I should have gotten more time in the saddle and then asked for alternating lesson/open ride time with paying same hourly rate or something similar.


Of course everyone is different, but I should have waited at least a year after starting lessons. Instead of the five months I had!!


In that time you will probably start talking to more people at the barn and such and inevitably hear of horses up for lease and the conditions each one has to go along with the lease. Or start putting feelers out there that you would have this interest in the future.


Many people wont lease their horse to someone that doesn't have quite a bit of experience because they want to keep their horse happy and inexperienced riders isn't how to do it.


Just my opinions of course!


I do understand wanting that alone time to do what ever you want on that lesson horse. I really would talk to trainer and see if anything can be worked out. One suggestion is if they give lots of lessons, maybe you could pay for time in the arena on the lesson horse while they are training someone else. That way they can still keep an eye on things but you also get some freedom.
 

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Yes, I just don't want to waste time and money. I'd like to practice it so I'm not just working on the same thing for 5 lessons. I've always been a go-getter and I put my best in everything I do, especially when money is involved. I'd hate to have only learned a couple things in 5 lessons. I don't mind not being perfect right off the bat but I'd love some additional riding time without it being an instructing time so I can focus on my mistakes and how I can fix them before I take the next lesson.
Without an instructor there how will you know what mistakes you are making and whether you are fixing them?
 

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Maybe you can get some kind of situation where you can earn more time 'alone' with a horse that will satisfy that urge, but isn't actually leasing . I mean, you see if you can work off a second lesson a week, by cleaning stalls or grooming. YOu will get a behind the scenes view of things.


I have been half leasing for years, with a variety of horses. My current lease horse has been my mount for almost 6 years. It is a good situation for both of us, as I don't pay the full amount, and she gets her horse exersized regularly, and someone who keeps an eye on him, and keeps his manners tuned up.


But, if I were a beginner, I could not provide that assistance, in fact, i would be taking her horse and likely making it duller by virtue of lack of riding skill/experience. Horses rise, or sink, to level of expertise of the rider.



So, yeah, you need to have enough skill to be able to come to the owner and say " I can ride your horse and not 'ruin' him."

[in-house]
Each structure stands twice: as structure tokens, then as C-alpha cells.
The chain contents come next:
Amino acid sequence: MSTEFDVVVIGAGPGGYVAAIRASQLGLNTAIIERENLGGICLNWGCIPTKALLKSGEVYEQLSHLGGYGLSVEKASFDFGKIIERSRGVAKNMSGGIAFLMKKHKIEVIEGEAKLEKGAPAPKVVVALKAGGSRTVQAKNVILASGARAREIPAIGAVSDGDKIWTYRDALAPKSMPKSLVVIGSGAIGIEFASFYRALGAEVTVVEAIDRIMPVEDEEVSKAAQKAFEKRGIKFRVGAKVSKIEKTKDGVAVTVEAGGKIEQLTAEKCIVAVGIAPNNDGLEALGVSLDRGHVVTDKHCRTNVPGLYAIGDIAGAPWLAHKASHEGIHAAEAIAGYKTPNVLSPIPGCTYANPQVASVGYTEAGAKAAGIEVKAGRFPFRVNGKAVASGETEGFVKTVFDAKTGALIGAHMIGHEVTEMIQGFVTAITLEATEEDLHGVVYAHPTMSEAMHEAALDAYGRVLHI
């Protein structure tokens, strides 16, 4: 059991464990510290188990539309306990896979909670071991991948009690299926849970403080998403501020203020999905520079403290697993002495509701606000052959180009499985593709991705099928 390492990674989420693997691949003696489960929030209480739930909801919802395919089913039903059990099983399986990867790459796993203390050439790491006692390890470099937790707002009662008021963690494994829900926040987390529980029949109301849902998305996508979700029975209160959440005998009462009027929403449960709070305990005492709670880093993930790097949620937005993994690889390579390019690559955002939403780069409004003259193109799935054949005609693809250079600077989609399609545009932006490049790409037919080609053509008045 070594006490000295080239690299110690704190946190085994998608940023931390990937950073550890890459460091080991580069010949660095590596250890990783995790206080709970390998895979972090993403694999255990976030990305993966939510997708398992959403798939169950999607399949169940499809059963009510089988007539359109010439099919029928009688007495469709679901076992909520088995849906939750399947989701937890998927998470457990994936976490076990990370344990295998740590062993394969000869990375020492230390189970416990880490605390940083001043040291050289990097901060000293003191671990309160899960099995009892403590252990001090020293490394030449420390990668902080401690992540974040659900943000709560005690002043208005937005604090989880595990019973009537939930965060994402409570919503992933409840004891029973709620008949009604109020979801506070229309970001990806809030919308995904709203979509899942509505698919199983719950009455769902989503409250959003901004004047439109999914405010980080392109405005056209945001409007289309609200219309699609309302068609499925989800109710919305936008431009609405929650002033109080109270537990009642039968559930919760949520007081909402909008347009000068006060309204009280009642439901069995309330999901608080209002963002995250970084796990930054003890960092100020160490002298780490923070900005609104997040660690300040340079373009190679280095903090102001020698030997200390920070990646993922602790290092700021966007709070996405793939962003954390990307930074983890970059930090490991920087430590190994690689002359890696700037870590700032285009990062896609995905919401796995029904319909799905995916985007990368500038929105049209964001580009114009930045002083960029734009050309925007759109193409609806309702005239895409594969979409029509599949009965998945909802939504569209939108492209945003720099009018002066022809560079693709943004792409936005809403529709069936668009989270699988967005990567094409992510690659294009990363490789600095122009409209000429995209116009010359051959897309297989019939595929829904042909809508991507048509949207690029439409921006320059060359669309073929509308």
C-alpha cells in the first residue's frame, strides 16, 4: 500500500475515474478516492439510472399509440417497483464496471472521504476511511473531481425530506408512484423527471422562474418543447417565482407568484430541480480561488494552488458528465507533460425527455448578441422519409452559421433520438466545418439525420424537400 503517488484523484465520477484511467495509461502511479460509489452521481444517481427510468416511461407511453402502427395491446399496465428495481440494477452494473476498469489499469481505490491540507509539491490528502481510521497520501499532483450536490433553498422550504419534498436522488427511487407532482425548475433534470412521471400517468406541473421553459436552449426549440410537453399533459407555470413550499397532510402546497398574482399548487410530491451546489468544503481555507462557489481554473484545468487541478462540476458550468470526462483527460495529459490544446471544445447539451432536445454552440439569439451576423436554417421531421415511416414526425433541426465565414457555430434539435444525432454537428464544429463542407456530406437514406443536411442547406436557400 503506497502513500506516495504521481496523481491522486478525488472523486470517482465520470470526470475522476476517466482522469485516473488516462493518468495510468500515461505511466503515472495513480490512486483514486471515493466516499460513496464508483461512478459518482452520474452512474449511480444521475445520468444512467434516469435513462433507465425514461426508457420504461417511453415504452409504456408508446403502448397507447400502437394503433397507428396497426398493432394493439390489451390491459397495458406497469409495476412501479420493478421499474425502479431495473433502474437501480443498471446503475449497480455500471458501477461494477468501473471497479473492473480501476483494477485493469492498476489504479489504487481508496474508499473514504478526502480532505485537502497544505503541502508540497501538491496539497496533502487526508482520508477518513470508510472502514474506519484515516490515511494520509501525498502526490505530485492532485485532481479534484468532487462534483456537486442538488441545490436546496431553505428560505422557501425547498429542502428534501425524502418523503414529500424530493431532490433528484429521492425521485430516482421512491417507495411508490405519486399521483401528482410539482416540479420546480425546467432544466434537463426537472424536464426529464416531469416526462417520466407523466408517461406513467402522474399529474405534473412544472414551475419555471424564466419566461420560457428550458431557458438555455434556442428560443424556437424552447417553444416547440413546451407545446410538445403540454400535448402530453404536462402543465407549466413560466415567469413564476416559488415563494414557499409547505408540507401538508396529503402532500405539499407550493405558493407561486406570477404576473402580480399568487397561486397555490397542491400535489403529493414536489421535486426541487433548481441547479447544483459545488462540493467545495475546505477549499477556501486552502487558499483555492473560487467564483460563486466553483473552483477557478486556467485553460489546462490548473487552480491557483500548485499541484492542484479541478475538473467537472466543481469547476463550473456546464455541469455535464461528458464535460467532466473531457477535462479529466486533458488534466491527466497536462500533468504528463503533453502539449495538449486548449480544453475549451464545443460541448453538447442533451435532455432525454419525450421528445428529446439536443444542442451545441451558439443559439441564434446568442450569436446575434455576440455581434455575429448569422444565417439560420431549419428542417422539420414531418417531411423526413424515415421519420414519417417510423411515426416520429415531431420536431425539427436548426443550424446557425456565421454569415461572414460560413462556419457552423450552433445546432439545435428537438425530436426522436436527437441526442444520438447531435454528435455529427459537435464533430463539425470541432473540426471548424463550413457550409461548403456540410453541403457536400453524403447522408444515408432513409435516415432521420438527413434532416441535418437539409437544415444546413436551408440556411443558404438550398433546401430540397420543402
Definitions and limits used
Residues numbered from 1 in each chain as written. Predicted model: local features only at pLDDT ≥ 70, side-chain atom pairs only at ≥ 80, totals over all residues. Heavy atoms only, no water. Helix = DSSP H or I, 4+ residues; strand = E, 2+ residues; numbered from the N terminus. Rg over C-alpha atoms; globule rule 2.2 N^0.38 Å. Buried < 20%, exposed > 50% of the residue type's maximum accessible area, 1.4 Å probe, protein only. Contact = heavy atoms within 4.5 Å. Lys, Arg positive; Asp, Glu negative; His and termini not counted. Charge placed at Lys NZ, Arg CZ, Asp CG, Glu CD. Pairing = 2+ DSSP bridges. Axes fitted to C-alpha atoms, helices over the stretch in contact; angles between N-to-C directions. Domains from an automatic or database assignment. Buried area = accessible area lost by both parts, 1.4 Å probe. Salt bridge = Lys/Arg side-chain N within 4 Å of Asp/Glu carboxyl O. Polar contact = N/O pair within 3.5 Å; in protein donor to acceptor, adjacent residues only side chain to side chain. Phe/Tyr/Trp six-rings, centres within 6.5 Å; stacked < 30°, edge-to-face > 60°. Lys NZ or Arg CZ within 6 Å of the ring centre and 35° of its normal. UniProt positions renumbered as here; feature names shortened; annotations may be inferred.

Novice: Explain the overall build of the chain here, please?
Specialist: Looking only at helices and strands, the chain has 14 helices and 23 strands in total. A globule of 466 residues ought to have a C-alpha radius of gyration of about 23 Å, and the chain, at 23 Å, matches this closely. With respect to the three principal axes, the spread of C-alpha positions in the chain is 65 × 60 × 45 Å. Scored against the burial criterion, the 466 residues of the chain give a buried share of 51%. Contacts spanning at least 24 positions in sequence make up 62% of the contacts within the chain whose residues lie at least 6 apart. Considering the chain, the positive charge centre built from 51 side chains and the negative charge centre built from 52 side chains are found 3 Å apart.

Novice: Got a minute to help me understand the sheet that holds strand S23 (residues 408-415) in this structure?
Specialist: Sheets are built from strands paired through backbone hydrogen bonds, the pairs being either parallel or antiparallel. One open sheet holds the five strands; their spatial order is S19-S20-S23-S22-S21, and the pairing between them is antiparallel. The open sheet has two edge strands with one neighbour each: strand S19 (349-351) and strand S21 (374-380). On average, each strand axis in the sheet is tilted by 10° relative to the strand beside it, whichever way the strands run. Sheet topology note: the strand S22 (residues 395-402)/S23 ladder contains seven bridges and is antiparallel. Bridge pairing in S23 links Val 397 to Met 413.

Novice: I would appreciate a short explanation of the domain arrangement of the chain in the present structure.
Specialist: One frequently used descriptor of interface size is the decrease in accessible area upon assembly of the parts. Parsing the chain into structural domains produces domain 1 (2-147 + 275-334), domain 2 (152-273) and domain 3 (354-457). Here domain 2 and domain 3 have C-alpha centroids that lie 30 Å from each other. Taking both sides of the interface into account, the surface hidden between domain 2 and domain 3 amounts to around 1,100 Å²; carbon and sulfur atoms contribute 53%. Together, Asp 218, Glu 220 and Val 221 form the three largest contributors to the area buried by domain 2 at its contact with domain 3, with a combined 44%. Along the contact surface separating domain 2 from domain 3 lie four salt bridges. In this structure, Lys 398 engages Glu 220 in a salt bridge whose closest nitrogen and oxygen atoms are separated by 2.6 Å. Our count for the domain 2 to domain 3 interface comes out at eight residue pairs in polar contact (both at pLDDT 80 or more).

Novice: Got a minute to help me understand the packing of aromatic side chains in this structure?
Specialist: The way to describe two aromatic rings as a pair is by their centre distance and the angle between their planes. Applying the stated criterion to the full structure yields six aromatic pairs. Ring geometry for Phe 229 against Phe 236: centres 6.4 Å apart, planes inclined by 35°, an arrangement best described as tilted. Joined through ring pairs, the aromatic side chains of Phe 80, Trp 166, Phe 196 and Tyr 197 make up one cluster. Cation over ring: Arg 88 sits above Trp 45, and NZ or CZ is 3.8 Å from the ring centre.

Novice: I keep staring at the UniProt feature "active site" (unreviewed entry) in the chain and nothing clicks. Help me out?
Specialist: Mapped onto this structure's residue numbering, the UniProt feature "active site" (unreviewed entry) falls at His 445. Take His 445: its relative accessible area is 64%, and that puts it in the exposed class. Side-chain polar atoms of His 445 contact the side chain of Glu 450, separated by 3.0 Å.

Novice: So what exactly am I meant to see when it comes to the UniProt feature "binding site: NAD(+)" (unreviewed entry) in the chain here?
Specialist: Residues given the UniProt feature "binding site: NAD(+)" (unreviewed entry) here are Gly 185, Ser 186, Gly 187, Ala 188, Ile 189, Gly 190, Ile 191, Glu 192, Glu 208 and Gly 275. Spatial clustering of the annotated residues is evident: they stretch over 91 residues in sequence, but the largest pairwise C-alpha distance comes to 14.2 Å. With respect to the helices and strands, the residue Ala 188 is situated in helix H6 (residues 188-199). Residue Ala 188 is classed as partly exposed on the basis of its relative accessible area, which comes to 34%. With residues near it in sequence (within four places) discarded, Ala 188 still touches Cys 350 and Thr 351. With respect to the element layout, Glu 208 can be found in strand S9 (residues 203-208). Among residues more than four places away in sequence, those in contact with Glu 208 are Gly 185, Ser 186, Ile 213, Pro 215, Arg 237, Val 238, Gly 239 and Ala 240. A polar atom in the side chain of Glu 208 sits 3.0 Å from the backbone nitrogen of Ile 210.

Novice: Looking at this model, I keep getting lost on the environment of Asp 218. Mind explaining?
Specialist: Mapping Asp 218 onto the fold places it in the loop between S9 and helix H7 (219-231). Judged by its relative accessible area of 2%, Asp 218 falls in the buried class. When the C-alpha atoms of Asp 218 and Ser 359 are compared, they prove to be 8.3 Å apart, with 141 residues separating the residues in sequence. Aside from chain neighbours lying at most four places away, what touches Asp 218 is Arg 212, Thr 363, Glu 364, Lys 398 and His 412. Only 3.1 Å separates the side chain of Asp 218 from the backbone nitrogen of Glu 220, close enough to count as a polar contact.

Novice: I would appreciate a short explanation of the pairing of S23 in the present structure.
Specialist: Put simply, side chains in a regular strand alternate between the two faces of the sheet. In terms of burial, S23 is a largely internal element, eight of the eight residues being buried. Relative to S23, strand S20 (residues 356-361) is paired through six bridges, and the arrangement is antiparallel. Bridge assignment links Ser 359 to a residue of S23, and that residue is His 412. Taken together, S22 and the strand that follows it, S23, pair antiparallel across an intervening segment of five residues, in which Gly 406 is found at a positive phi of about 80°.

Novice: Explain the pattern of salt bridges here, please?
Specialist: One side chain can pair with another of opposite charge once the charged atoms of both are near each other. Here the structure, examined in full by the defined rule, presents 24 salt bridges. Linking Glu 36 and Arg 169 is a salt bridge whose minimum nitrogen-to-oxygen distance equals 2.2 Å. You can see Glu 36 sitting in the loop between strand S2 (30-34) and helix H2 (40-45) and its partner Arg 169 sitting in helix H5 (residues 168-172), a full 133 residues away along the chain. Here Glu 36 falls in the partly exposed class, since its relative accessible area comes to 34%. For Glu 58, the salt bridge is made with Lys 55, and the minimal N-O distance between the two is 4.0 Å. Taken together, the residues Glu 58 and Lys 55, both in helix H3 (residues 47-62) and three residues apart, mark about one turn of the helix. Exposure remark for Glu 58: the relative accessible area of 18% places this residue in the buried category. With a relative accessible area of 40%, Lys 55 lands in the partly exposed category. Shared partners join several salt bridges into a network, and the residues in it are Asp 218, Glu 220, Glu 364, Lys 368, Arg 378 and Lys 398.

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I'd love to own a horse one day but for now, I'd just like some access to riding a horse without it being a lesson session. Like practicing the lessons without it actually being on lesson time. I want to be able to practice what I've learned in a lesson on another day so by the time the next lesson comes, I'm ready and we can move forward. But I don't wanna risk hurting myself and possibly the horse by leasing one just so I could practice away from the lesson times.
This is exactly what I did and it worked out well. I leased a horse, took lessons and then practiced what I learned in lessons. I also took some short trail rides as a relaxation for myself and the horse. This got me learning more and becoming comfortable around horses again.

I leased my first horse in June 2018. She was an older mare and had heaves so I stopped leasing her but she was a great horse to start out on. I started a new horse lease in December 2018 and she became mine on July 1st. I took lessons through the winter and into spring. I still take them, just not as often. I wanted a horse for trail riding and she is coming along great.

I recommend leasing first. It is a good way to start learning more about horses other than just riding.
 

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Discussion Starter · #15 ·
Without an instructor there how will you know what mistakes you are making and whether you are fixing them?
I didn't say without an instructor--I said without it being an instructional time, as in without it being a lesson time. I mean by focusing the time completely on doing that one aspect of the lesson right without the lesson progressing into another aspect so that when the actual teaching session comes up, it's easier to keep going because I've been working on the thing that I needed to progress on.
 

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Discussion Starter · #16 ·